Family central to LeCompte getting a leg up at North Dakota State
To say Ben LeCompte started to get cold feet about his college choice could be viewed as a fitting description for someone who committed to kick a football at North Dakota State University.
But the apprehension the 2010 Daily Herald Cook County All-Area punter and kicker from Barrington started to feel weeks before his departure for college had nothing to do with homesickness. It had everything to do with someone who was sick at home.
In June of 2011, LeCompte's father Berry was diagnosed with throat cancer. A month later, the man who did everything he could to support Ben's dream of becoming a successful punter and kicker underwent a major operation.
"I said, 'I'm not going,' " Ben LeCompte said. "I told him I'm going to wait and maybe go to Harper College or another junior college in the area."
Berry LeCompte then gave his son the proverbial boot out of the house and up to Fargo.
"My dad was the biggest proponent that I made a commitment," Ben said. "He told me, 'You have to go and I'll be fine.' "
Everything has gone better than Ben LeCompte could have imagined.
Berry and Ben's mom Cathleen, who is also a breast cancer survivor, will be in Frisco, Texas on Saturday. They will be there watching their son, one of the country's top punters and a legitimate NFL prospect, try to help North Dakota State win a historic fifth straight Division I FCS (Football Championship Subdivision) title when it faces Jacksonville State at 11 a.m.
LeCompte has been part of the previous four titles since he redshirted his first year before taking over the regular punting and kickoff duties in 2012. This year his 45.8-yard average on 60 punts -- with 28 inside the 20-yard line -- earned him second-team Associated Press FCS All-America team and FCS Athletic Directors Association All-America team honors.
When LeCompte chose North Dakota State, the program was just coming off an overtime quarterfinal loss in its first FCS postseason appearance after its transition from Division II status. Now the Bison can become the first four-year college program to win five straight national football titles.
"I envisioned success and that's why I chose the program, but I never envisioned this," said LeCompte, who was not highly coveted coming out of Barrington. "It's been a dream come true. We talk about it being a once-in-a-lifetime opportunity, but we're not happy with just going. We want to win this one as much as we wanted to win the last four."
That LeCompte has been able to play such a significant role in the Bison success is a testament not only to his family at home but the one he became part of in Fargo.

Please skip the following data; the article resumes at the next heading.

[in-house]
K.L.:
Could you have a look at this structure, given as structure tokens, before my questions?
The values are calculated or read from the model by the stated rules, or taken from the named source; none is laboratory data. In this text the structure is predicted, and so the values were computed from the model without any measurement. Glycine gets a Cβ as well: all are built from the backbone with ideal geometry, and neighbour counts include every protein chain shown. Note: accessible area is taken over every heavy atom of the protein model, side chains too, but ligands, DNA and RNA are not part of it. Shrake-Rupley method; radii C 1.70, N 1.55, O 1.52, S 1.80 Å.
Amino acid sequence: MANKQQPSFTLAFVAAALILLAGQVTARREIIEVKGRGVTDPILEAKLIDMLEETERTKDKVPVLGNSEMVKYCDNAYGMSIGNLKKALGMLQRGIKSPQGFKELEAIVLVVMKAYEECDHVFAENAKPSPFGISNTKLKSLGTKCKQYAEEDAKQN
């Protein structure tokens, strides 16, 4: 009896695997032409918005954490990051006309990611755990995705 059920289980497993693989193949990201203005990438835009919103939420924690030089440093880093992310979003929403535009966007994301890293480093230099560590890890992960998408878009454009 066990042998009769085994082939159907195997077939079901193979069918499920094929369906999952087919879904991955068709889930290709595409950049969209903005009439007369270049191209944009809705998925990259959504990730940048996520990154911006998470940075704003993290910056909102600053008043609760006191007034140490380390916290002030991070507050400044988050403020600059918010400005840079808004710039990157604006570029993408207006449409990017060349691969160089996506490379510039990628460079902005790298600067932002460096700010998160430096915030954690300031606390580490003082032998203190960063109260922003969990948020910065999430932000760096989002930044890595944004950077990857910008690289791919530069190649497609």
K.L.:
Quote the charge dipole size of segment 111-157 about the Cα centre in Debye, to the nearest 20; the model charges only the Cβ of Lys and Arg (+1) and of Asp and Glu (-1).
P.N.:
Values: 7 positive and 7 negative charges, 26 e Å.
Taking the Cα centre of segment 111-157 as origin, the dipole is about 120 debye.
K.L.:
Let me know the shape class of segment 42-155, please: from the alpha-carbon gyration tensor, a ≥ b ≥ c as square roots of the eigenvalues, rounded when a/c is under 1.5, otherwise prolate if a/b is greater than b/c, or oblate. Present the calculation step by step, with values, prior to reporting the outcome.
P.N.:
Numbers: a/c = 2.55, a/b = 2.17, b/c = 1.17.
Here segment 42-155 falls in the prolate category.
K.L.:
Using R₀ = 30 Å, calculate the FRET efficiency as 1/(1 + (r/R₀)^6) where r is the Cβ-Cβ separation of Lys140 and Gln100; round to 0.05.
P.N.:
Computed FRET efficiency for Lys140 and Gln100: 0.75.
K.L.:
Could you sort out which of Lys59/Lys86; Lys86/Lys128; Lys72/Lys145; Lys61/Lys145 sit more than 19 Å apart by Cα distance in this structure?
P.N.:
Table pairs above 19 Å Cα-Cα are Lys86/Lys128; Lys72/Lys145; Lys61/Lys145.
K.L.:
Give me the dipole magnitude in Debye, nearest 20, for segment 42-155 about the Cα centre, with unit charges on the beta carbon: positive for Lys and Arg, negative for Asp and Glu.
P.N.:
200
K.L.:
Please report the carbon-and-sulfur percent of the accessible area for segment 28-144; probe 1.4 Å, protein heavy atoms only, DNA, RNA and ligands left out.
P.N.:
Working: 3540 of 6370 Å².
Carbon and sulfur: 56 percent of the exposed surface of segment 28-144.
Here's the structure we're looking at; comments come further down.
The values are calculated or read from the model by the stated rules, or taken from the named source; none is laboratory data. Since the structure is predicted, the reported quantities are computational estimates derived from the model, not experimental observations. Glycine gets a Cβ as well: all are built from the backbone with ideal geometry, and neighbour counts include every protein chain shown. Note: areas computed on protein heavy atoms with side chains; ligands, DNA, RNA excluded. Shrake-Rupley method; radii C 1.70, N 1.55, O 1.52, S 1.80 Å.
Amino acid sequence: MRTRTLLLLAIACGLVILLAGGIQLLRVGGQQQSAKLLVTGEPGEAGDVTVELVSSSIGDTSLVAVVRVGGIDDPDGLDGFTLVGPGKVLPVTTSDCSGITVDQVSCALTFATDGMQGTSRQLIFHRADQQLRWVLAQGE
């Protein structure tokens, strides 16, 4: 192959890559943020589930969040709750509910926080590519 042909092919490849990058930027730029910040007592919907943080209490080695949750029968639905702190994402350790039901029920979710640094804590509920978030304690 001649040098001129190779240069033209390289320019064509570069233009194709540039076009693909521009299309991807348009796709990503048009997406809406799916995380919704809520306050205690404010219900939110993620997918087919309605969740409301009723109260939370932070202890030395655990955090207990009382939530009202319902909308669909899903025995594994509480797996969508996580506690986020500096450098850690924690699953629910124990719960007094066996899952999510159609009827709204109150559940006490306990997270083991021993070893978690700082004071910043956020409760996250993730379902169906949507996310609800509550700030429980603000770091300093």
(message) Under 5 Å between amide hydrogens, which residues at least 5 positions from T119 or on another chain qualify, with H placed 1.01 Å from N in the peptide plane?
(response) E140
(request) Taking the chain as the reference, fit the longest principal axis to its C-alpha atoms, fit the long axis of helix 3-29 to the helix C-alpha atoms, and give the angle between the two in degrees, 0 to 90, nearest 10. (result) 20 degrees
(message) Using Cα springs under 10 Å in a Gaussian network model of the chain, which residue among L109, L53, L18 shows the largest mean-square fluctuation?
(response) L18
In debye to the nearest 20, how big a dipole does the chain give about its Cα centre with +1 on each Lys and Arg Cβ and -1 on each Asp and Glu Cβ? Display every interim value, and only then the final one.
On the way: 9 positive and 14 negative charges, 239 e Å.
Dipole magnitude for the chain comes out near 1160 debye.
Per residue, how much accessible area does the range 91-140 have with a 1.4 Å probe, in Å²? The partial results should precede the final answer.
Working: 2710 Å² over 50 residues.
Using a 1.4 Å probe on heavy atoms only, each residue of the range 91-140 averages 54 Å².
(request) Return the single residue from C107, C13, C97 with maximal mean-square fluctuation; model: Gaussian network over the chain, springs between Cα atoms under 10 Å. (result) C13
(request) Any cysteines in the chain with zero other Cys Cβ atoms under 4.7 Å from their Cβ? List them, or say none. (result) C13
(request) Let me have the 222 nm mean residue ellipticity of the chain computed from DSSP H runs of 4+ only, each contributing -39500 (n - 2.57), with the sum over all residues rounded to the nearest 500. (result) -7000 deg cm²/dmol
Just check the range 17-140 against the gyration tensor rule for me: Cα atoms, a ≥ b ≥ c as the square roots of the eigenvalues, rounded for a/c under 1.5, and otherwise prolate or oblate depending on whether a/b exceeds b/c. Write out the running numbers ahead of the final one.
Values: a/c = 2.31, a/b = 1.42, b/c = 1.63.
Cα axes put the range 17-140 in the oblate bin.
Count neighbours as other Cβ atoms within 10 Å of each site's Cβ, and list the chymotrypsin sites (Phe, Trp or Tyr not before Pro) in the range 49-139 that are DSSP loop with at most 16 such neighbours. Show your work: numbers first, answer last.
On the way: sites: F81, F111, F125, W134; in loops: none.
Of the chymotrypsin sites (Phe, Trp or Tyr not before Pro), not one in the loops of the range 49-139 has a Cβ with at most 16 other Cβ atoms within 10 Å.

Two years after Berry was diagnosed with cancer, the LeComptes were jolted again when Cathleen learned she had breast cancer. She just underwent her final surgery right before Christmas.
Through it all LeCompte had a lot of support.
"I have 100-plus actual brothers," LeCompte said of his teammates. "People use that term a lot like football is a brotherhood, and some think it's a cliche, but it really isn't.
"When I would come home and I visited my family there was only so much I could do around them. Being around my teammates and coaches and playing football would get my mind off of things. It was probably the greatest outlet I had."
It has been one where LeCompte has steadily improved with punting averages of 43.2 in 2012, 43.7 in 2013 and 45.3 in 2014. This season's average ranks second in FCS to Ryan Hawkins of Northern Arizona (46.3).
LeCompte's work with Bison strength and conditioning coach Jim Kramer has made a big difference. He has progressed to 40 touchbacks in 88 kickoffs this year from 12 of 56 in 2012, 16 of 98 in 2013 and 31 of 72 in 2014.
"My leg strength has improved tremendously since I got here," LeCompte said. "When I got here I didn't have nearly half as strong a leg as I have now. I've also improved my hang time on punts because a lot of times they went far but I lost some hang time."
Playing for a team as successful as North Dakota State has made LeCompte maximize the minimal opportunities he gets compared to other punters. He has worked on his ability to pin opposing offenses deep in their own territory and limit his touchbacks.
LeCompte hopes the total package will lead to kicking and punting on Sundays. After the FCS title game, he plans to find an agent and start working on invitations to camps and combines to get a spot in an NFL team's minicamp.
That would be a long way for a kid who was primarily offered walk-on spots out of high school. The most recent of his regular trips to Kohl's Professional Camps for kicking, punting and long snapping made him realize he has a pretty good leg to stand on.
"I saw the talent at every level there and thought, 'Wow, I can compete,'" LeCompte said. "(The NFL) has always been a dream of mine."
One that Ben LeCompte's parents, even in the most challenging times, made sure their son would not stop pursuing.